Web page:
by Sheree-Anita Shearer | Associate Writer
Making authentic Jamaican Black Castor Oil has been done on the island for decades. But how is it done?
Miss Sally, from Beeston Spring, Westmoreland, was more than happy to share the entire process on how it is done. You can watch that video on our YouTube channel (link below)
Miss Sally has been making Jamaican Black Castor Oil for a little over 7 years now. While it has only been a few years since she has started doing it on her own, she has seen her mother do this process many times over the years since she was a child. She only started going at it alone when her mom became physically unable to make the oil anymore.
Since then Sally has taken over the reins and now does the long and tedious process by herself.
This is a multistep process, which at first can be really difficult to remember but after doing it for a while you’ll enjoy every step.
Step 1: The castor beans are picked and left in the sun to dry, usually for 4-5 days. You’ll know the drying process has been completed when the pods turn brown and start opening on their own.
Step 2: You then use a knife to husk open the pod to remove the seeds.
Step 3: The dried beans should then be sieved. Ensure you remove all debris and bad nuts from the container.
Step 4: Now it’s time to wash the nuts. A good three rinses in water should be good, however, you can always adjust the number of times you wash it depending on the amount you have.
Step 5: After washing, allow the nuts to dry properly to prevent the nuts from rotting, especially if you will not be using it the same day. It is also advised to wrap the dried nuts in a clean cloth if you will be completing the other steps in making the oil on another day.
Step 6: The nuts should now be parched. This is a fairly simple step, all you will have to do is ensure the pot is very hot, add the nuts and leave it to parch for about 10 minutes or until the nuts change to a slightly darker colour and are no longer glossy but have a mat finish instead. Stir the nuts in the pan occasionally to ensure all the nuts are parched evenly.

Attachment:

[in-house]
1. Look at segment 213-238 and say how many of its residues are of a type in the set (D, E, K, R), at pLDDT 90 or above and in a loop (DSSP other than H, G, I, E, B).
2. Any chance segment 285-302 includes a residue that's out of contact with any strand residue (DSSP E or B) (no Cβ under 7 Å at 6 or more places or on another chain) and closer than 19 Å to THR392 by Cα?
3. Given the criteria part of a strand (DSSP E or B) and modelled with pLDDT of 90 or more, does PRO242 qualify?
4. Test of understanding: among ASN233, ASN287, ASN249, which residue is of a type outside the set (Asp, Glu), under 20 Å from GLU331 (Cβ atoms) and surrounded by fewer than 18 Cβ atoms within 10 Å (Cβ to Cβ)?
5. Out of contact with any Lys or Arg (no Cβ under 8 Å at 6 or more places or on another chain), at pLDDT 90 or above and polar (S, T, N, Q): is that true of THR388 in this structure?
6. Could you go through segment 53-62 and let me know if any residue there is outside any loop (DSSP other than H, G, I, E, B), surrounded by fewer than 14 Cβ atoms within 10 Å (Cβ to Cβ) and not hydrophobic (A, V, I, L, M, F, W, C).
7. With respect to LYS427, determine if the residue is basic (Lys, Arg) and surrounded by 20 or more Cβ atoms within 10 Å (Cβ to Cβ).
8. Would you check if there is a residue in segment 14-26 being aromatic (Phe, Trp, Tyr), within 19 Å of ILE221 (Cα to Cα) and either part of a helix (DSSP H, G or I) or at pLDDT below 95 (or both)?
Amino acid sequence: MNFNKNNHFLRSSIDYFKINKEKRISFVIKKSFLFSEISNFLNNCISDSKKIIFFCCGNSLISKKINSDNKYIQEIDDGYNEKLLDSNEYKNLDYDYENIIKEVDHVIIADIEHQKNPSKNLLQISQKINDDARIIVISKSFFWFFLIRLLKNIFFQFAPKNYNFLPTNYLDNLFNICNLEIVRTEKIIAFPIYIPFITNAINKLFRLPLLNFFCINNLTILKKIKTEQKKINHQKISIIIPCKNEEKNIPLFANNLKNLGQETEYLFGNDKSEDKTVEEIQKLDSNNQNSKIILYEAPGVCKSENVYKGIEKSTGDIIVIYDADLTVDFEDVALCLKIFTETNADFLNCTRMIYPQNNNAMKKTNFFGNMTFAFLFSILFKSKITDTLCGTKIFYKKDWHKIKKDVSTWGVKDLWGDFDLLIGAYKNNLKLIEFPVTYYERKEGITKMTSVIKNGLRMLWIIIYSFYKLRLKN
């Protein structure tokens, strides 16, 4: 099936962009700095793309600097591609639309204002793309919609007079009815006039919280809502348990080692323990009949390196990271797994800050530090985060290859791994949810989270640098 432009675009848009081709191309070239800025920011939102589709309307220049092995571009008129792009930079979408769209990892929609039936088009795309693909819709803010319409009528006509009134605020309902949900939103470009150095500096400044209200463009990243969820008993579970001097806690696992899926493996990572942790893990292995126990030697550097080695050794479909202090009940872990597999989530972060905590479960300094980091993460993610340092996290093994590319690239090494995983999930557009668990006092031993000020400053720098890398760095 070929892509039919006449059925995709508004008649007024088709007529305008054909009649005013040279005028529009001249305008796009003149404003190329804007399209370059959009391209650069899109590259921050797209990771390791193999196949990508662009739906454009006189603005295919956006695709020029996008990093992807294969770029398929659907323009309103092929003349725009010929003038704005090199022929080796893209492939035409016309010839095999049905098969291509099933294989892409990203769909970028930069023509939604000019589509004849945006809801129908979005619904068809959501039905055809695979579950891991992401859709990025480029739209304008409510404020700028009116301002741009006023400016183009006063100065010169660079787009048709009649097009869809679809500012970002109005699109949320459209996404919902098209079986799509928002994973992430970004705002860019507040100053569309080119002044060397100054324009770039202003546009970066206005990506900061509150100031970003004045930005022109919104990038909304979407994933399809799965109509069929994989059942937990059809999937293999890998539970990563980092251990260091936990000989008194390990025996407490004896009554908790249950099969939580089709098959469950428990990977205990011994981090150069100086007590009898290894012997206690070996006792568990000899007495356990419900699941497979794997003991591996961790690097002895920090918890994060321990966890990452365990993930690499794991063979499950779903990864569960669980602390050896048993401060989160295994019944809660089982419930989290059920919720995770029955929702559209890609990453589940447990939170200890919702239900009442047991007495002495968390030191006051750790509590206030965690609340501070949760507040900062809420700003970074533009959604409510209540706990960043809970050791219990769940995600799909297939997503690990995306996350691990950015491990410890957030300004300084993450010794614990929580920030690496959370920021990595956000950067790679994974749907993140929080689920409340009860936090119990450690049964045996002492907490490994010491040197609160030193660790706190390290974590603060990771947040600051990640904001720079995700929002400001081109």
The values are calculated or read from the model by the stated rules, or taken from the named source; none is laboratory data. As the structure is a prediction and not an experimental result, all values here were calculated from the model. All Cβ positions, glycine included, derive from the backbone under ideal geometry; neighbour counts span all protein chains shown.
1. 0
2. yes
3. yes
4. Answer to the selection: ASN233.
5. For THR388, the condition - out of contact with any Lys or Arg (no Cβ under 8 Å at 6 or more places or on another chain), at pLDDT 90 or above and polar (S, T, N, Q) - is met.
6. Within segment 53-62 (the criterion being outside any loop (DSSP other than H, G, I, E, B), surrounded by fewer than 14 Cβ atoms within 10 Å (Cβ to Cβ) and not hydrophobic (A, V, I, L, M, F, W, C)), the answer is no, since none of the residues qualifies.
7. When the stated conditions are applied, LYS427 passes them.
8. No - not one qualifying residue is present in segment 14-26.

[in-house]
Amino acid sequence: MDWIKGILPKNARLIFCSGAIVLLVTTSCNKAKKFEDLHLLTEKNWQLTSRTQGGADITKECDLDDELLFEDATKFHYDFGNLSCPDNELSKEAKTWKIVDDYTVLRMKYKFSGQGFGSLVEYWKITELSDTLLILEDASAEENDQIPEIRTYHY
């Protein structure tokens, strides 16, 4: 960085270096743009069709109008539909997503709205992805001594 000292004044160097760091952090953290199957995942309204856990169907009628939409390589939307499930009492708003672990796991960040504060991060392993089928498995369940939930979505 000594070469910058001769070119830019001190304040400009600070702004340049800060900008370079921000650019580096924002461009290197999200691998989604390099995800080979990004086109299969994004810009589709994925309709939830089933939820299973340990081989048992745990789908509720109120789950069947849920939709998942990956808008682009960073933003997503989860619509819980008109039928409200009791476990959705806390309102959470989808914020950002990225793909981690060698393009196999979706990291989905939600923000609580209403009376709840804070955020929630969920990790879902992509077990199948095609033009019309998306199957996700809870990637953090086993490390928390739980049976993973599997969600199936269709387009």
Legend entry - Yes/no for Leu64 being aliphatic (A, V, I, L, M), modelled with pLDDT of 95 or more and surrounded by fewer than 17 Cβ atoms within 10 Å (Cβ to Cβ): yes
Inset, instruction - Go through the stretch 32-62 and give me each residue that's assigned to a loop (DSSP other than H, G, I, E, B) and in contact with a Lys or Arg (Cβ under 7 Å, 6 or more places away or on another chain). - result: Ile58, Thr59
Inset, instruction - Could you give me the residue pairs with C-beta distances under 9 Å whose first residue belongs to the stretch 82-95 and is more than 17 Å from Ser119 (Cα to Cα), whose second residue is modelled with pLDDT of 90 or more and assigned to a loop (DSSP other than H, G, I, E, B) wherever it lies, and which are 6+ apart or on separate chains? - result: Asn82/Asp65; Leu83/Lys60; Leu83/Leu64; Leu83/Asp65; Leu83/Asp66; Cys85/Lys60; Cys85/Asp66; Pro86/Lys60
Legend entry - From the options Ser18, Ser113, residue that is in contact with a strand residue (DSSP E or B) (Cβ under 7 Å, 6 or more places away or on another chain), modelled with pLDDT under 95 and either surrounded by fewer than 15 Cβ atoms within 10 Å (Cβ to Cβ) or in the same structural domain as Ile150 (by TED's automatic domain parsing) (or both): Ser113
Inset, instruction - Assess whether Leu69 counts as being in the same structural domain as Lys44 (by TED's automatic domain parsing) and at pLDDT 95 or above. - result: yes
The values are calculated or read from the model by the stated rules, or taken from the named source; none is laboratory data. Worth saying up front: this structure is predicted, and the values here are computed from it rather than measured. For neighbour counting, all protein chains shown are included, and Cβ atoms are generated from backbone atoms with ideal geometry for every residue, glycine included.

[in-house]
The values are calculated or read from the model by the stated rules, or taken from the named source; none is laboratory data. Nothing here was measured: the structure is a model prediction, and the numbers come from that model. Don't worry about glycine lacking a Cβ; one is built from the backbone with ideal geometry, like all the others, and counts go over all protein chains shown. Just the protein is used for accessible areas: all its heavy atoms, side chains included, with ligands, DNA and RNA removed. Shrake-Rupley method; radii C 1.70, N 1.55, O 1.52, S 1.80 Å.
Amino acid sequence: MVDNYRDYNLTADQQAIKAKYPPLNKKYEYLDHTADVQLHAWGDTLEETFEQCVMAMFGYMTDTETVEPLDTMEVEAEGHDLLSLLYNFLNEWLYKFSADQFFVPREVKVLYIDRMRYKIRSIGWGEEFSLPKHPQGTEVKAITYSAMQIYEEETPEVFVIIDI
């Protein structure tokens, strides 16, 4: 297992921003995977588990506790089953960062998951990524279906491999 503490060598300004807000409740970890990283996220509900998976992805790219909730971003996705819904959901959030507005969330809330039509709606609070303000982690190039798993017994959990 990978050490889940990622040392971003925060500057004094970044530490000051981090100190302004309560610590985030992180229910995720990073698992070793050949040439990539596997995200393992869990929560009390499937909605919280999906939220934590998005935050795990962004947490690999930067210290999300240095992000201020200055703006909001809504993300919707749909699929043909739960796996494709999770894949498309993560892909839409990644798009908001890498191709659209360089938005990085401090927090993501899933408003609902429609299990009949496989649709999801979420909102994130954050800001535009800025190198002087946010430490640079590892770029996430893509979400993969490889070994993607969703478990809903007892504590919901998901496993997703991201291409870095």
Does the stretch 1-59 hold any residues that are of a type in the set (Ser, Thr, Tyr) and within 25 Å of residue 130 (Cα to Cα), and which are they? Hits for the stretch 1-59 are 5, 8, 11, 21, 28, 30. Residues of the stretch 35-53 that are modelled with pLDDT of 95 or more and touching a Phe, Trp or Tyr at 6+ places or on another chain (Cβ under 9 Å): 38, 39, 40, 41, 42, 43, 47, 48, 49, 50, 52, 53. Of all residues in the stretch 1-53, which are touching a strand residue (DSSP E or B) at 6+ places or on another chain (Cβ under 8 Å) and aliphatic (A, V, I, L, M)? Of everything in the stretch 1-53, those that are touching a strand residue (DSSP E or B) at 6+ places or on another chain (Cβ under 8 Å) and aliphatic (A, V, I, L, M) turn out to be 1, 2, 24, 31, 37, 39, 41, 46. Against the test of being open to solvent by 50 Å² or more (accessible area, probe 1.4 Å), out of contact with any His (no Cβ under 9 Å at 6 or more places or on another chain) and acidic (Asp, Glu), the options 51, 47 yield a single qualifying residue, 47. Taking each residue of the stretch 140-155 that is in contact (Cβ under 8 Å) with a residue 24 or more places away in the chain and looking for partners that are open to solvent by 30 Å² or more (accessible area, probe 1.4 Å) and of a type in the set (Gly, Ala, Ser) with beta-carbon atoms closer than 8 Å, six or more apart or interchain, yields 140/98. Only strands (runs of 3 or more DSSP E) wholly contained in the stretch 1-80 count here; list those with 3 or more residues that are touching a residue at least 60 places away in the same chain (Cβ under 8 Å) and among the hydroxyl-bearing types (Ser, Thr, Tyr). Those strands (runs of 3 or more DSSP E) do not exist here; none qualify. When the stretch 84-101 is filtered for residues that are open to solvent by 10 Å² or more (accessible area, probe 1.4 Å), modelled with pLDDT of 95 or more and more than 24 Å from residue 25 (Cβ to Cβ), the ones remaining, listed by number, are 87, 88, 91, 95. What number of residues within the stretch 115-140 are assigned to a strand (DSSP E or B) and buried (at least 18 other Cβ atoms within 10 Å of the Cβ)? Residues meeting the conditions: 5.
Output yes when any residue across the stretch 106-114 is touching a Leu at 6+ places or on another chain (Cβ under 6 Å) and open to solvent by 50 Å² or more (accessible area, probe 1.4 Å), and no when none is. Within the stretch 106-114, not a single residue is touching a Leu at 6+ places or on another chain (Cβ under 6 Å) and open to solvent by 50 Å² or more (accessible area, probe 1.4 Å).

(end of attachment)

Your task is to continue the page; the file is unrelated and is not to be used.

An important thing to note is that the nuts must be measured in quarts when adding them to the pot.
Step 7: Remove the pot from the fire and add the nuts to your mortar immediately. The beating process should be done while the nuts are still hot. Using the pestle, grind the nuts until they are completely crushed. The consistency should become a really thick paste.
When you’ve accomplished this consistency, it is time to boil the paste. This is the final step before it becomes Jamaican Black Castor Oil.
Step 8: Ensure the water has begun boiling before adding the castor oil nut paste to the pot.
There isn’t much else to do at this point except wait and stir the pot occasionally to prevent the paste from sticking to the bottom of the pan. The length of time it takes depends on the number of castor beans you are using.
To know when it’s done and ready to be removed from the fire, you should see oil forming on the surface of the liquid inside the pot as well as hear a frying sound indicating that the water has evaporated and there is now most if not all oil in the pot.
Step 9: Pour the oil from the pot into an appropriate container, remember the oil will be hot as it has just been removed from the fire.
To get the most of your castor oil, add more water to the pot the castor oil was boiled in and allow it to settle for about half an hour. The remaining oil will now come to the surface of the water and you can careful skim it and add it to your batch of castor oil.
Step 10: Now, the final step is to put the oil back on the fire for about 10 minutes or so. This will remove any impurities or water remaining in the oil.
And you are done!
You have your very own batch of Authentic Jamaican Black Castor Oil which can be used as a treatment for hair, acne, scars, pain, insomnia, constipation and a host of other health benefits.
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